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Ordinarily, each filesystem partition that you want to access in Linux has a unique mount point; you can't simultaneously mount two partitions at root (/). Furthermore, you can't use an NTFS volume as your Linux root (/) filesystem. If you want to access your Windows partition from Linux, you must give it some other mount point, such as /mnt/windows. Because ...


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Try downgrading (Some issues have been addressed with the newer versions of VBox), make sure the versions correlate with the correct (Working) versions of VBox.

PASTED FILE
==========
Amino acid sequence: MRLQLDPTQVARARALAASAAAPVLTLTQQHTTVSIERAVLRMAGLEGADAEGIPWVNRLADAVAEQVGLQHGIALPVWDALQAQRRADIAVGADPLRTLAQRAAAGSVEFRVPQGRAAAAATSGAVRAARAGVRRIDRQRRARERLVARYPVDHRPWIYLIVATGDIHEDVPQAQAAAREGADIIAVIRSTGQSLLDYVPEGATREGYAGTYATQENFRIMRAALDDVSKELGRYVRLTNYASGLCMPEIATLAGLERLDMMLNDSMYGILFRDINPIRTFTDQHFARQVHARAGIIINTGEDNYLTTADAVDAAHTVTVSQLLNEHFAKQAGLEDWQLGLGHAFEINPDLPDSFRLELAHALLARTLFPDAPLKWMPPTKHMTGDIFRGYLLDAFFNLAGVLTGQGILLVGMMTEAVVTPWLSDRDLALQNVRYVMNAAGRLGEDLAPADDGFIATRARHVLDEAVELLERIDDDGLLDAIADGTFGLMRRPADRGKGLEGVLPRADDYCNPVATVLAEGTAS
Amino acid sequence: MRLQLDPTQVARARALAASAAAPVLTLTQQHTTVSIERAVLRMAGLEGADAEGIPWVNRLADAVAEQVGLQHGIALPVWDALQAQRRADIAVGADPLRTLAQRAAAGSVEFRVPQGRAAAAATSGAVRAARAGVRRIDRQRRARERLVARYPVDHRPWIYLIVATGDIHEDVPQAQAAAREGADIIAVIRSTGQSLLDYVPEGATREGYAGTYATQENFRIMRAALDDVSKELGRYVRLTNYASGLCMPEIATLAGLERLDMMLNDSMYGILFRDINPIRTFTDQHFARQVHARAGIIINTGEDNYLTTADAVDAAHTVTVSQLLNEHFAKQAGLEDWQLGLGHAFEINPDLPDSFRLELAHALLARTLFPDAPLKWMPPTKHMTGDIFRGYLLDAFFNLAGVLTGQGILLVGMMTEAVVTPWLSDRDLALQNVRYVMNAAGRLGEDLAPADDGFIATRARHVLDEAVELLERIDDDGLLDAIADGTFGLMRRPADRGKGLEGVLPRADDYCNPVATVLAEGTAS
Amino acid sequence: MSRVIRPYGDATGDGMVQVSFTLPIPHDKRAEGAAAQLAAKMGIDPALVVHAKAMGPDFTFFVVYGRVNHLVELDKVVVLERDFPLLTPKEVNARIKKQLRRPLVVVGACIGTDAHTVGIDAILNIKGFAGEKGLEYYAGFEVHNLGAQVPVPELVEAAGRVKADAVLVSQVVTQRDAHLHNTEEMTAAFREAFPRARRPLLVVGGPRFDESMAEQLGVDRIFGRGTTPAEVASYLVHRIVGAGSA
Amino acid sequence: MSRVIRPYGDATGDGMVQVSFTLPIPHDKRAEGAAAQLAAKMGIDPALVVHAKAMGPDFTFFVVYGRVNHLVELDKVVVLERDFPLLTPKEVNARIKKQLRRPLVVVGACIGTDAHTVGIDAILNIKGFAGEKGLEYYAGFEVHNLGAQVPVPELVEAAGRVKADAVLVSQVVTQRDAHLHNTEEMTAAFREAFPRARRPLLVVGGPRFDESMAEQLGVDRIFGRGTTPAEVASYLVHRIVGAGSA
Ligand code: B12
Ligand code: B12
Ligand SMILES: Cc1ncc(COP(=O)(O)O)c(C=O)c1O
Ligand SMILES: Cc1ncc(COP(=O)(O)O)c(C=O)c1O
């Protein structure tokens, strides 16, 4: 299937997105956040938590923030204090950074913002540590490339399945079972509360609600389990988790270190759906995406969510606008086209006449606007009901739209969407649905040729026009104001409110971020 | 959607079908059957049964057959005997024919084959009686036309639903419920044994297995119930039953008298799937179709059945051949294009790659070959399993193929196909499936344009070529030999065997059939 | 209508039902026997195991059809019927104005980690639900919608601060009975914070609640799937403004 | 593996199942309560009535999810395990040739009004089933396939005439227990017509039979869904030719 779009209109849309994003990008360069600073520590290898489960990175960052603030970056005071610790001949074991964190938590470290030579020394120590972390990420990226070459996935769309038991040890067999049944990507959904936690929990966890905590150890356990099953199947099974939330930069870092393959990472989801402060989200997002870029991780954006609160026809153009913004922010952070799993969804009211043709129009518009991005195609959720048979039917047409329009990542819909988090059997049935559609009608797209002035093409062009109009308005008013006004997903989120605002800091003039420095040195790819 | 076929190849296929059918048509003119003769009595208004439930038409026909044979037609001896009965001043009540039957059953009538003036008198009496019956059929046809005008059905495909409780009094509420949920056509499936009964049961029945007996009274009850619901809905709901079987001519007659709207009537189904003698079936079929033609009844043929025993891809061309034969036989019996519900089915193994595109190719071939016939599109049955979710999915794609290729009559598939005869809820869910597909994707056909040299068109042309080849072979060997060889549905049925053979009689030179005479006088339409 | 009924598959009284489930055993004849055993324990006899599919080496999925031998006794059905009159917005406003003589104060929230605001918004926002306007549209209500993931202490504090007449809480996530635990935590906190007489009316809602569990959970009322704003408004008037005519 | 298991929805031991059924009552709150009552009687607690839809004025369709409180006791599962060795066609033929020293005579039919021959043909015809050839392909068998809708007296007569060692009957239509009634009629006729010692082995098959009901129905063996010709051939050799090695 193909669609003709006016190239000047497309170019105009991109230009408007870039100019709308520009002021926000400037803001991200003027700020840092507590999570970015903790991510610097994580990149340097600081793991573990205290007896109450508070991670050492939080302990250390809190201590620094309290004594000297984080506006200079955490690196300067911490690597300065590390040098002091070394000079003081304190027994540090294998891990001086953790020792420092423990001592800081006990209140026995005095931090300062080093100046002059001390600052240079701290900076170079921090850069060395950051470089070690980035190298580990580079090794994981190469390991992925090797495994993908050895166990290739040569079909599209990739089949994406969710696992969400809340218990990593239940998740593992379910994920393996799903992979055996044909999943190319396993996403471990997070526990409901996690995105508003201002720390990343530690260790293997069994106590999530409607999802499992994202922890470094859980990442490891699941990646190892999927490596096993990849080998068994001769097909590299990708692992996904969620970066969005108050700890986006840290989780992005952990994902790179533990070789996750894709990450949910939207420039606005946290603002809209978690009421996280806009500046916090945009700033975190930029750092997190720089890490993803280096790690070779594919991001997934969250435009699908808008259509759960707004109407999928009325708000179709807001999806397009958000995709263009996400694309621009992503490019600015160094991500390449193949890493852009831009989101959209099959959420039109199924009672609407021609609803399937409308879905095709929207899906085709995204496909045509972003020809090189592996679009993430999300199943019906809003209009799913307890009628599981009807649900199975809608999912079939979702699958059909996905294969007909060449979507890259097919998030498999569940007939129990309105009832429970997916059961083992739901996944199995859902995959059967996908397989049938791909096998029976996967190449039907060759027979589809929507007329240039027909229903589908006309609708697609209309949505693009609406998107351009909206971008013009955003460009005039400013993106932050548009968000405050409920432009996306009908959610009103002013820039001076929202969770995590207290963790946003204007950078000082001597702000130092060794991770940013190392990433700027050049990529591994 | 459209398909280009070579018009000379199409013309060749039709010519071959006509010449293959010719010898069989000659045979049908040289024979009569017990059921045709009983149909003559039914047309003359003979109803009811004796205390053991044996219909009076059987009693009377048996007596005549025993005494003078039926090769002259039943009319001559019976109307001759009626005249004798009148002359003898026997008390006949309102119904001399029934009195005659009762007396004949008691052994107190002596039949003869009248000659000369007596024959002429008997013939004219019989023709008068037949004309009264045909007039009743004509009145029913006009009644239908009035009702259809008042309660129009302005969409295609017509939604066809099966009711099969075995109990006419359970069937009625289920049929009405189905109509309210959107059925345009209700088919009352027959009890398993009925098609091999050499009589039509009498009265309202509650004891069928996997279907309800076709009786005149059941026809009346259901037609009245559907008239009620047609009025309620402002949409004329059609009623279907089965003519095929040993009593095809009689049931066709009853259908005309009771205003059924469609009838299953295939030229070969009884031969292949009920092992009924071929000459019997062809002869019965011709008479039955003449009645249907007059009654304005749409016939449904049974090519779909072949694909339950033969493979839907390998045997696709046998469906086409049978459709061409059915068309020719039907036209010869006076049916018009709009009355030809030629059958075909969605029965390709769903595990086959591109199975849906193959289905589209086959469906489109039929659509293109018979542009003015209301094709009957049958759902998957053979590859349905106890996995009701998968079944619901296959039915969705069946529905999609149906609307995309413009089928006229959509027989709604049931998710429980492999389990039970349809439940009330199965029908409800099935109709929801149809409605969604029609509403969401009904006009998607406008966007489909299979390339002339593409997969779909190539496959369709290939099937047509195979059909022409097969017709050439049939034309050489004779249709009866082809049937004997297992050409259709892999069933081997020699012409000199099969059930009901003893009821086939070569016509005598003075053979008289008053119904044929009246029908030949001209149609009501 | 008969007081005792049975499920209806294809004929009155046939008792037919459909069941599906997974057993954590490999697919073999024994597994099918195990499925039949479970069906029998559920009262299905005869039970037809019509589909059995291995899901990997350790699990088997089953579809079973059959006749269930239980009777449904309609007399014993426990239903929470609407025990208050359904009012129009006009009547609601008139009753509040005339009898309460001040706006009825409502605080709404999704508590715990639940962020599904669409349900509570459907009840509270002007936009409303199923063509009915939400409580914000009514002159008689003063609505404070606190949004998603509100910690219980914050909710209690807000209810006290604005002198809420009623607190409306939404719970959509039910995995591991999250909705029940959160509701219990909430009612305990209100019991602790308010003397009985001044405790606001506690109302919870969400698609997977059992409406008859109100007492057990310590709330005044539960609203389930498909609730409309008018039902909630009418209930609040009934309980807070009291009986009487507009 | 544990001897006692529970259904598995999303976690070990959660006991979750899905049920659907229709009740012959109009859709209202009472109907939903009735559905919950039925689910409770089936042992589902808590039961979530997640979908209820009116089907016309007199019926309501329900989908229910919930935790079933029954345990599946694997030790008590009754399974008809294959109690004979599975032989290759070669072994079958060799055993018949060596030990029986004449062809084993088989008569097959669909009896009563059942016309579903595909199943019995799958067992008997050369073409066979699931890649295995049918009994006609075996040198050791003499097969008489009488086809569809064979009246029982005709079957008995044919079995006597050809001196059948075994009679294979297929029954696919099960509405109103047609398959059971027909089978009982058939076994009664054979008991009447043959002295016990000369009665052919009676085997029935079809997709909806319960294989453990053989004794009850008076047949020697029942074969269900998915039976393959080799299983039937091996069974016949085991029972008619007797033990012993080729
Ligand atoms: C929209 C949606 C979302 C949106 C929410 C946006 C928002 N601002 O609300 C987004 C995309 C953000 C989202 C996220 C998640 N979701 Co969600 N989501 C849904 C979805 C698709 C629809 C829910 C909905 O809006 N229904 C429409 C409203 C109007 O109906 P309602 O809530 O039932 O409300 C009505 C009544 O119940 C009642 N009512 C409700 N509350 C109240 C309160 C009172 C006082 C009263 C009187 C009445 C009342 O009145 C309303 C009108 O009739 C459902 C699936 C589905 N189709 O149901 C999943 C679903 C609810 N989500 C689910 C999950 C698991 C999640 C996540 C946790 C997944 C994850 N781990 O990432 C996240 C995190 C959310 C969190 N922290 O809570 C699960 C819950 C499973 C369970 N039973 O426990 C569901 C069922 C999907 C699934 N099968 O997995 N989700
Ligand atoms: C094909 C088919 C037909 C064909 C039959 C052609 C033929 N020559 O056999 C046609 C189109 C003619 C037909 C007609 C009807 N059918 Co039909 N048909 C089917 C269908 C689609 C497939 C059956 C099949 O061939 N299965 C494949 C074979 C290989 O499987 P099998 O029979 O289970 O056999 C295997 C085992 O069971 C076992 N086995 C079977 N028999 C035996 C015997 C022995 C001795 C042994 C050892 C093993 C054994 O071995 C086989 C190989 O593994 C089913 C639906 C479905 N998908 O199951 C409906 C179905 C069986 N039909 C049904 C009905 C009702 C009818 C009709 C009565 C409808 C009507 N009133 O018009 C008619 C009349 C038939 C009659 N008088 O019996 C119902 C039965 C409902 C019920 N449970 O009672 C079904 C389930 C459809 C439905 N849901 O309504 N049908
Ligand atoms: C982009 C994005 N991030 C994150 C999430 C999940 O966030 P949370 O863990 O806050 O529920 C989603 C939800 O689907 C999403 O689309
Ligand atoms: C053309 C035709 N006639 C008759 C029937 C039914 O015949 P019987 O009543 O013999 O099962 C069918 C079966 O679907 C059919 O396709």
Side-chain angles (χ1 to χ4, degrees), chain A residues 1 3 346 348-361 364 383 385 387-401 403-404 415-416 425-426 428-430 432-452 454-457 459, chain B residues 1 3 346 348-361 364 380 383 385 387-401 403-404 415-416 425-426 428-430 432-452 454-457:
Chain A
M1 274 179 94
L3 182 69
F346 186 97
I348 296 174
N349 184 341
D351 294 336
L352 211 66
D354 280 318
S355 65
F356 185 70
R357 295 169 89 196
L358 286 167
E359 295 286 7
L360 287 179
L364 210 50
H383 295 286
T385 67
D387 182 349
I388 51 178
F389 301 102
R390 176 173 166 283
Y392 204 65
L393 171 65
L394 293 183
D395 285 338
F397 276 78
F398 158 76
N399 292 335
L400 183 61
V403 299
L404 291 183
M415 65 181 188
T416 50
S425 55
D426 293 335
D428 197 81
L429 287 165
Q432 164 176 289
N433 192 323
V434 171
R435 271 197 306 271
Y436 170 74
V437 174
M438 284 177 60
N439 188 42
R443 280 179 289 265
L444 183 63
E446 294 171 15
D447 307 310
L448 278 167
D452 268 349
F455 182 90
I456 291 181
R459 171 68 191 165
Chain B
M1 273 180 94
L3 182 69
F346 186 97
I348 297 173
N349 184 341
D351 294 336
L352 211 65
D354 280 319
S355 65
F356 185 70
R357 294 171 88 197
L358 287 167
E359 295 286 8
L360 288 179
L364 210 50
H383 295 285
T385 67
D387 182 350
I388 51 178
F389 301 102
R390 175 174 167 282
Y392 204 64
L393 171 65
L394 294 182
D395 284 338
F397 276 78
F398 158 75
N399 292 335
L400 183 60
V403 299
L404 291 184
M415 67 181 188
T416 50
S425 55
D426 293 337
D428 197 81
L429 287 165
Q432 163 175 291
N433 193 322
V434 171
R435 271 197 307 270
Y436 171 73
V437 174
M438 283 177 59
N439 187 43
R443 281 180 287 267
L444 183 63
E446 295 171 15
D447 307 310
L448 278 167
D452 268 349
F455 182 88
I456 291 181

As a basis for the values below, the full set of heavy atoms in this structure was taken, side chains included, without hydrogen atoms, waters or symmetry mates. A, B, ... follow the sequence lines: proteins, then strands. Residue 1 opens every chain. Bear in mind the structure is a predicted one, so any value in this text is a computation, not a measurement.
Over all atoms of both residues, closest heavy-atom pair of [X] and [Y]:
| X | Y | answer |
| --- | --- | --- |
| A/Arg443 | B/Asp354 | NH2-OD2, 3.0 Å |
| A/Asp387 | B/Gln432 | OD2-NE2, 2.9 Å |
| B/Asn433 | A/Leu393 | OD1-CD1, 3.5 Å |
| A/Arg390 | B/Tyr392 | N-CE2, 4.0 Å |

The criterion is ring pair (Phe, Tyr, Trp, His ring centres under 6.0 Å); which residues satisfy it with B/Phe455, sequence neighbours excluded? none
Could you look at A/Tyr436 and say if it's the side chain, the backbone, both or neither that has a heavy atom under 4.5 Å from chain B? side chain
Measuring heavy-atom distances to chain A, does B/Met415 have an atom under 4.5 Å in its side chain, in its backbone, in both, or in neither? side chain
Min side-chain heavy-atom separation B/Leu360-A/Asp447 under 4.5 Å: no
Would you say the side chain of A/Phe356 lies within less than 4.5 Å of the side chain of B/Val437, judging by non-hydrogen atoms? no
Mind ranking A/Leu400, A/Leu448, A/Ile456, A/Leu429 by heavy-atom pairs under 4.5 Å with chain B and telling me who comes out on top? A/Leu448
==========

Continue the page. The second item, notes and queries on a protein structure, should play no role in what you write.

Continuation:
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Use your Ubuntu CD Live and launch a terminal console where you are going to type these commands: sudo su [Enter] gparted [Enter] Take a picture of gparted and post the link to the image (for privileges reasons in this forum you can not include an image directly in your post). We will see if you still have a Windows 7 partition in your hard disk drive. If ...


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Try to press f9 Immediately on boot...It would take you to the EFI Bios boot screen, See if "OS Boot Manager" is an option there, and if it boots. There is also the option of Manually selecting an EFI file Use it to browse the EFI System Partition to locate the EFI files with the .EFI extension and try to boot from it.